Other characteristic features of allergic asthma are mucus hypersecretion and airway remodeling [3, 53]. Mice challenged by inhalation of aerosolized ovalbumin showed marked goblet cell hyperplasia, which was significantly attenuated in animals treated with the dual TP/CRTH2 antagonist ramatroban or the selective CRTH2 antagonist TM30089. Interestingly, exclusive inhibition of CRTH2 by TM30089 was equally effective as compared with dual TP/CRTH2 antagonsim in ameliorating goblet cell hyperplasia. This finding is intriguing since corticosteroids, which now are mainstay asthma treatment, have variable effects on suppression of goblet cell hyperplasia , and offers the exciting perspective that selective inhibition of CRTH2 may be beneficial to achieve clinical improvement of allergic asthma. Further studies are warranted to investigate the molecular basis for the beneficial effects of CRTH2 antagonists in experimental allergic asthma in more detail.
Recent reports dealing with CRTH2-deficient mice have generated a highly inconsistent picture of receptor function. On one hand, OVA-sensitized mice lacking CRTH2 displayed enhanced occurrence of eosinophils in BALF . Unfortunately, data on airway tissue eosinophils were not presented . On the other hand and in apparent contrast, CRTH2-deficient mice from another laboratory were protected from bronchial hyperresponsiveness, and mucus production . Furthermore, from a third laboratory IgE-mediated skin eosinophilic inflammation was significantly reduced in CRTH2-deficent mice compared to wild type animals . These latter authors  also reported that they could not confirm the previously reported increase in lung eosinophilia  and they stated that only further studies including CRTH2 antagonists will contribute to final conclusions in this field. Although the specific contribution of CRTH2 in allergic inflammation thus is inconsistent in studies using mice with targeted gene disruption, the findings of the present study are congruent with the notion that CRTH2 represents an eosinophilotactic receptor and provide strong support for the concept that CRTH2-signaling in vivo is an important molecular step in the pathogenesis of allergic asthma.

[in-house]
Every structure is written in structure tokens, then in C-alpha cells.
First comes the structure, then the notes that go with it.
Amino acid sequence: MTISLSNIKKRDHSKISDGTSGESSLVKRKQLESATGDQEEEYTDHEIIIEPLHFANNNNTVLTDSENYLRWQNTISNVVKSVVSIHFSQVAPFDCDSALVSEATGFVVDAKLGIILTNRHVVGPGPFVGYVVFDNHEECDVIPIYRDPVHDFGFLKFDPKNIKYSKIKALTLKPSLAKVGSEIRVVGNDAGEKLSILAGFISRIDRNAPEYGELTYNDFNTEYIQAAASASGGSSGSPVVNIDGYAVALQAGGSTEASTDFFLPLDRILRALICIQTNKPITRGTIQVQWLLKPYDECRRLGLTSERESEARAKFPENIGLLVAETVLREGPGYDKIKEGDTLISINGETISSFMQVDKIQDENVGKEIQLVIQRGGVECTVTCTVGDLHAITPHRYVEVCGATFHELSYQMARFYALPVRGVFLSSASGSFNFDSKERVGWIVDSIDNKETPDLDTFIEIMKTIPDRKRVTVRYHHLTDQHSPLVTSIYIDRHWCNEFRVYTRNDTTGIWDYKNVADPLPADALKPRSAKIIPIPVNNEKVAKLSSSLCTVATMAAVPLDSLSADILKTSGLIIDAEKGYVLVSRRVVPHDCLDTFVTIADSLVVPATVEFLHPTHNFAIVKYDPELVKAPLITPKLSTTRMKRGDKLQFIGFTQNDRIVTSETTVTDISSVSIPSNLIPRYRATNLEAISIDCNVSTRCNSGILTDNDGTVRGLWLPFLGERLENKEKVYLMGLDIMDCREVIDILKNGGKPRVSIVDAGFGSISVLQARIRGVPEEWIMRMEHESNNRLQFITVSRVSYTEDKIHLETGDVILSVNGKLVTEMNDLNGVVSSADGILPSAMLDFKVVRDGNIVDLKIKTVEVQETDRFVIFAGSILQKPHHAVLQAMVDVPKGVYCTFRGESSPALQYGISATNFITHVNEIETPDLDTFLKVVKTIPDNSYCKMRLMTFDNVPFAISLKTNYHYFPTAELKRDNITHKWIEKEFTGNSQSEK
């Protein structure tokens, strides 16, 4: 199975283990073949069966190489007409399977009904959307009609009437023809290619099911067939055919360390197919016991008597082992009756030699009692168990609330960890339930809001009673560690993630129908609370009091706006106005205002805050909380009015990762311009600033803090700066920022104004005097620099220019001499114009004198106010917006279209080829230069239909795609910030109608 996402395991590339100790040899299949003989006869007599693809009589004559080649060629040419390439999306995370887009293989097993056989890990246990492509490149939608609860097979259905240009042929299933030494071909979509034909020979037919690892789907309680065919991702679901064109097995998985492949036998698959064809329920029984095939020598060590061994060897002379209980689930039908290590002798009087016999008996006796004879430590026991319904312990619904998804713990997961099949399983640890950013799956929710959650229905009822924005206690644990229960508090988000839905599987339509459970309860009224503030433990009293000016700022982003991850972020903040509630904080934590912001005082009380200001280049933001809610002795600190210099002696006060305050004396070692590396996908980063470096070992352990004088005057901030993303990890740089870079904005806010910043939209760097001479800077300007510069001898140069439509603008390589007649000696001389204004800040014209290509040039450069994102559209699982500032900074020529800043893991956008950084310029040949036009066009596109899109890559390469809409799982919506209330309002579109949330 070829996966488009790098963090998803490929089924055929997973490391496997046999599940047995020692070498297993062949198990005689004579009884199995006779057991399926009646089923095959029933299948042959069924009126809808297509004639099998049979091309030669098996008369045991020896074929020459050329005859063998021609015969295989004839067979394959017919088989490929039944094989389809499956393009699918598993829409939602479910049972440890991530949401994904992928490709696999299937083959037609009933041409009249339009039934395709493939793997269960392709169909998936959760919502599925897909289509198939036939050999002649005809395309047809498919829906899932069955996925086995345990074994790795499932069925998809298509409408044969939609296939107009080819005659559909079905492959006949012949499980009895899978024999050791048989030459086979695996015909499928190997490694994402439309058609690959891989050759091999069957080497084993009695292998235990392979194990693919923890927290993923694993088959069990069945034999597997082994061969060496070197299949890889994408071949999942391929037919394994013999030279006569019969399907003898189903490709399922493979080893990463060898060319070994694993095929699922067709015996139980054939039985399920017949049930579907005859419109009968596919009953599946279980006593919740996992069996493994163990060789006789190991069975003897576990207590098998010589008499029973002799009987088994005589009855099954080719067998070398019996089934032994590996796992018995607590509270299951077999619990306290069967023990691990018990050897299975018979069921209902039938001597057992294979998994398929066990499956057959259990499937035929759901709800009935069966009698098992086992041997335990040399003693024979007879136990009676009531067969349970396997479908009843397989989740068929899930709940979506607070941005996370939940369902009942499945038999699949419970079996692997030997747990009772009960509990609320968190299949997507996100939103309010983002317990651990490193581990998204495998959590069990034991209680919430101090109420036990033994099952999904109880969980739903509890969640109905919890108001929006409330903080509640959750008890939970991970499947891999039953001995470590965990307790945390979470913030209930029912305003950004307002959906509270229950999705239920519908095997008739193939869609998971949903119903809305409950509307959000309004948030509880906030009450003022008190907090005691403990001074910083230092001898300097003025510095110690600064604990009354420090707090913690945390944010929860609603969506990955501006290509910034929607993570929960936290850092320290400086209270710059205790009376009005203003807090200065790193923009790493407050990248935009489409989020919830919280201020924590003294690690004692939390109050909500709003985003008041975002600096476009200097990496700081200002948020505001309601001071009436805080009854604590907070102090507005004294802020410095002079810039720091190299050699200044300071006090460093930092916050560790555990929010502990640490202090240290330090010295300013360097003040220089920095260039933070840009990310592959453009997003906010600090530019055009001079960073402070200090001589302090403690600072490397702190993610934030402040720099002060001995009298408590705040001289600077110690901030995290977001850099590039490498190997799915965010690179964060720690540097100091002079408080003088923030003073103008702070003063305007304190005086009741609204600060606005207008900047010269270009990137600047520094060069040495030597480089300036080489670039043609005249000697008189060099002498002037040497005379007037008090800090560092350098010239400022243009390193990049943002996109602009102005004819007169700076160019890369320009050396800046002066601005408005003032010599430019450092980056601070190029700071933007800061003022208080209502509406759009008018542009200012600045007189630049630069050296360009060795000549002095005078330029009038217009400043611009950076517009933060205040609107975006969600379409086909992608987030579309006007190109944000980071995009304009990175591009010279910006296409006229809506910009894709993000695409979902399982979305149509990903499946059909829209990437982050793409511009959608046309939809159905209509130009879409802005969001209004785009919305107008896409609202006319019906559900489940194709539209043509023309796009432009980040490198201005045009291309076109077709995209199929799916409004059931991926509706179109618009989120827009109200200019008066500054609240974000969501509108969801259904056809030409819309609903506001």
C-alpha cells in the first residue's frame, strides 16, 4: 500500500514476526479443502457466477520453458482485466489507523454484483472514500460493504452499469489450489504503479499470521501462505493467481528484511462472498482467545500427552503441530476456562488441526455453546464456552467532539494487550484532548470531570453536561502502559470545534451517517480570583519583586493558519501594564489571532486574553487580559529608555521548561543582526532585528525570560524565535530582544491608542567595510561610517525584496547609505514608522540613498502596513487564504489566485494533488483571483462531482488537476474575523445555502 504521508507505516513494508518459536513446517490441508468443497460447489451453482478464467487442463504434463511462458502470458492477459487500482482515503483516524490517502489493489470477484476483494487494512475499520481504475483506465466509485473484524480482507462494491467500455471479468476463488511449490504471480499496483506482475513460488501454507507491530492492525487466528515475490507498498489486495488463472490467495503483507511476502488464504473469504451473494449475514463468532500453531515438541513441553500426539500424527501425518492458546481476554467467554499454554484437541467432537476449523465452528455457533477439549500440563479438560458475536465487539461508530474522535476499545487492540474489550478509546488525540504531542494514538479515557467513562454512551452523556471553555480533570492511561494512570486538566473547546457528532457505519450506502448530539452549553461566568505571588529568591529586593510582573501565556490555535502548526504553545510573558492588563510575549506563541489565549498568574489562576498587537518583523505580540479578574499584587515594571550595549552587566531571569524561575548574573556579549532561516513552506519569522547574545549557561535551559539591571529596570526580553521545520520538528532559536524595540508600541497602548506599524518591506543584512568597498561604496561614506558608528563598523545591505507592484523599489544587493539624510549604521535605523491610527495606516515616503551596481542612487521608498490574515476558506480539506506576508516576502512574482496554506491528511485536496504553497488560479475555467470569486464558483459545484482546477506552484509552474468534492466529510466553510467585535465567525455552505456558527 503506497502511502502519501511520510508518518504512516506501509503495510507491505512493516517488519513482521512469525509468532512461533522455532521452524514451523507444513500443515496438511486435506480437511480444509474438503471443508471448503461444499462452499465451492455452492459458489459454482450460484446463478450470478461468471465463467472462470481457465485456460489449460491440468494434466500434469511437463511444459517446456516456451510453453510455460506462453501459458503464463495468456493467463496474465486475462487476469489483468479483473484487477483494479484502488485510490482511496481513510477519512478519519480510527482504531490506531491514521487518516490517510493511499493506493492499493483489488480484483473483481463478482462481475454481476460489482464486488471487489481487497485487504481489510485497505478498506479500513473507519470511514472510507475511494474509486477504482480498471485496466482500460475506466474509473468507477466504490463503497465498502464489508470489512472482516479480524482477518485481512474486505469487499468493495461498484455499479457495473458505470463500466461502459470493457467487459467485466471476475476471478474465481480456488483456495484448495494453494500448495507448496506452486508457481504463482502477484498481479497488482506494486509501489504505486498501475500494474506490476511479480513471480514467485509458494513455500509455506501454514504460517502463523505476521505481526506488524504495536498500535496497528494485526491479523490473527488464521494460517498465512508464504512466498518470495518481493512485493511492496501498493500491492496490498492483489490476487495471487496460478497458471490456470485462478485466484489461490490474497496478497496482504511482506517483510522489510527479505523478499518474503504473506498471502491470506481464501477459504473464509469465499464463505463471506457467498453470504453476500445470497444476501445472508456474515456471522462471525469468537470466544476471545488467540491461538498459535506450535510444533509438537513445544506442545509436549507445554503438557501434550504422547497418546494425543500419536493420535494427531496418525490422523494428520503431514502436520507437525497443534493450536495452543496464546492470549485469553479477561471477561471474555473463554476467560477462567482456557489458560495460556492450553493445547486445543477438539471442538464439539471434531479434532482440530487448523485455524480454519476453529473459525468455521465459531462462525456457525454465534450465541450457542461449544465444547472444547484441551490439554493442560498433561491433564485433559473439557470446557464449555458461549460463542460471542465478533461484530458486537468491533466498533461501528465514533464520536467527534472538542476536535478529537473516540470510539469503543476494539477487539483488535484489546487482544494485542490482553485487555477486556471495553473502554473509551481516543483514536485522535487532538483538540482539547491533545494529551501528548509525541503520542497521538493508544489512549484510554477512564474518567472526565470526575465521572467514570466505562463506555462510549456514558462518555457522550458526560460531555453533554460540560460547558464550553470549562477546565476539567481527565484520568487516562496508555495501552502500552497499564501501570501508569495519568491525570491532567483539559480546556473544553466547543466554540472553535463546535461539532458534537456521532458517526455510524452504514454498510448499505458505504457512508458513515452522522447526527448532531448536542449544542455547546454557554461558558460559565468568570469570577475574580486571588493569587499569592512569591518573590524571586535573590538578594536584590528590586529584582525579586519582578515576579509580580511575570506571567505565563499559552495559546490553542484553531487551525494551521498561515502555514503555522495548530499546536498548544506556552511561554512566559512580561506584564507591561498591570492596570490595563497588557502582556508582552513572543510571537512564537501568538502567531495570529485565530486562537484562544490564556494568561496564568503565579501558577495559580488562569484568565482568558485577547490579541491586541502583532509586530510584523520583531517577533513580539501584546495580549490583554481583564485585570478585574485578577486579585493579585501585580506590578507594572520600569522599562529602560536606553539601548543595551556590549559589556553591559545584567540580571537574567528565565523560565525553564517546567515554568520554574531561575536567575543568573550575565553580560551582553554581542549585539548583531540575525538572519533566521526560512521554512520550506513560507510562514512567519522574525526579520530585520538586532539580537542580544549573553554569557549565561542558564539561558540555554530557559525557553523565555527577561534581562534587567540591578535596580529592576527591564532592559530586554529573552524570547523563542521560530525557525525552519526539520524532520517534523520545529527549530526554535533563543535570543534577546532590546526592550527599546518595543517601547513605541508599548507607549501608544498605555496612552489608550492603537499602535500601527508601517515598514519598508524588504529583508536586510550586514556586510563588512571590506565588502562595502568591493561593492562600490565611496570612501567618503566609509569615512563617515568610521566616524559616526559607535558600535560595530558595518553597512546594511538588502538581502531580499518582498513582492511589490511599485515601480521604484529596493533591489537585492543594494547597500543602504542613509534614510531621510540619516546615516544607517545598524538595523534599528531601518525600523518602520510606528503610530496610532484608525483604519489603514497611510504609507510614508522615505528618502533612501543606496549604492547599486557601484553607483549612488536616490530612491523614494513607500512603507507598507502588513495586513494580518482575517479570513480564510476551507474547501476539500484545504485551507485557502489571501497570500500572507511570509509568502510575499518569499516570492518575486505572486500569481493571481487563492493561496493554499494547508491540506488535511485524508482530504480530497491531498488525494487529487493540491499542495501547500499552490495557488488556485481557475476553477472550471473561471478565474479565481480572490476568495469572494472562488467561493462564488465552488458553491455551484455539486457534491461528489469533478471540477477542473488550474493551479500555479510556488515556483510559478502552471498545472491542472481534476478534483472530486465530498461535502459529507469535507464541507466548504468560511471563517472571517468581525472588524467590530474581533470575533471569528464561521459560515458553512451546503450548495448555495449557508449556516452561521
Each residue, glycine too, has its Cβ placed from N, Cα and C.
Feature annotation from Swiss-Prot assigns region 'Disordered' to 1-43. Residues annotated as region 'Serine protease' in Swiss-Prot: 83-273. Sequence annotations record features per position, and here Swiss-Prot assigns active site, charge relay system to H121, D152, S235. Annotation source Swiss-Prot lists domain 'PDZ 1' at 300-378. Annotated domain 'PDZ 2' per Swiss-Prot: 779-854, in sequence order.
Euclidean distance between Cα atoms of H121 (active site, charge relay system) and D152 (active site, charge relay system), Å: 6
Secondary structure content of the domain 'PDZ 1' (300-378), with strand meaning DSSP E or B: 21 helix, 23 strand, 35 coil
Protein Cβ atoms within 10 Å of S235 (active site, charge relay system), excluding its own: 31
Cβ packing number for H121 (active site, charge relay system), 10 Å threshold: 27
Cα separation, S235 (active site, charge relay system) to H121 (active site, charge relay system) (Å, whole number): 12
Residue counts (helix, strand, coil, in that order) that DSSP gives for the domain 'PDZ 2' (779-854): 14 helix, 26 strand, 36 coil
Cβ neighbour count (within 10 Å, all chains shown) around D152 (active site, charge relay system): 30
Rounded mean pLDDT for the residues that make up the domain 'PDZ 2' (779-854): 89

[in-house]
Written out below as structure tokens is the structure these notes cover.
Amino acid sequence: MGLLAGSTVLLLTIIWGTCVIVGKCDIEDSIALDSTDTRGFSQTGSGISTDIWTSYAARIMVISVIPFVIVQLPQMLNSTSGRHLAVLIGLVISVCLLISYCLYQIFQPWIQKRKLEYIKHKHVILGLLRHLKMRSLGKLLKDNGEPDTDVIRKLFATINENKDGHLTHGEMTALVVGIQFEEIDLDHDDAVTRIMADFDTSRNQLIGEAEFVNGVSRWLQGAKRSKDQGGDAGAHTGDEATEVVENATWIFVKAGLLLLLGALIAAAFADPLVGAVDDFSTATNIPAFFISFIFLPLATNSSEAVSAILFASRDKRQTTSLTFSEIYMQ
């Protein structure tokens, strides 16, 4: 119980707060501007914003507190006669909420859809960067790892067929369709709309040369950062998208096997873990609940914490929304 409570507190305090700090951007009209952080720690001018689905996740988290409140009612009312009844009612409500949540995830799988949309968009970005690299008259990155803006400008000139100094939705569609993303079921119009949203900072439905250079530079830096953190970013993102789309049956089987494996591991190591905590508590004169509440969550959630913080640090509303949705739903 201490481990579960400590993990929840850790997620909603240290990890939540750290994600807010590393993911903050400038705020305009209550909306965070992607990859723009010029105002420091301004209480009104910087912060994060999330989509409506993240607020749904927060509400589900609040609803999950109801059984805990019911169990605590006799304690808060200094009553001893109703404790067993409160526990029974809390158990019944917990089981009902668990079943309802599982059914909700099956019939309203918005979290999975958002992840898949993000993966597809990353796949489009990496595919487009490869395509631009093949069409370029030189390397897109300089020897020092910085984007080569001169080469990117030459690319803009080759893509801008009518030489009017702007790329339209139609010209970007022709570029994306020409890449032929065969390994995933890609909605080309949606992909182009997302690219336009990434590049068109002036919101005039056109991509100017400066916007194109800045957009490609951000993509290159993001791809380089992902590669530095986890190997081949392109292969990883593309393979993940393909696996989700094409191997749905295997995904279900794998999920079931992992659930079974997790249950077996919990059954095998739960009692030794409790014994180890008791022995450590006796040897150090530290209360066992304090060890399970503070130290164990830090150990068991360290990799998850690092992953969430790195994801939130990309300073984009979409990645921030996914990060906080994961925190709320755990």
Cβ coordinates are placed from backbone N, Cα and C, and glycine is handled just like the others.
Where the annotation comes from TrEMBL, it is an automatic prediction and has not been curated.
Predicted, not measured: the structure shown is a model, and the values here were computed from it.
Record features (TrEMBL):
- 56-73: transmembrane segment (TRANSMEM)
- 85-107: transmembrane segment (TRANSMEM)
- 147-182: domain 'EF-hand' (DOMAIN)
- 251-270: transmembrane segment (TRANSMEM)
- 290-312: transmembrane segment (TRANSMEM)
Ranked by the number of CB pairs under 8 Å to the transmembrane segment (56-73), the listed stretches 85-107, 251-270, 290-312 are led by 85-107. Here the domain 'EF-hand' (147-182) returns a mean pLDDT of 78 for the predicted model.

It is intriguing to note that CRTH2 is not only activated by PGD2 and several of its metabolites the generation of which is dependent on the enzyme PGD synthase, but also by products of the arachidonic acid cascade that are generated independent of PGD2 production. Among the latter are the TXA2 metabolite 11-dehydro-TXB2, and PGF2α, that have recently been demonstrated to activate eosinophils and basophils [43, 55]. The possibility that CRTH2 can be activated in cellular contexts where PGD synthase is not present, i.e. in the absence of PGD2 production, further corroborates its importance as a regulator of allergic inflammation and underscores the potential usefulness of CRTH2 antagonists as anti-asthmatic agents.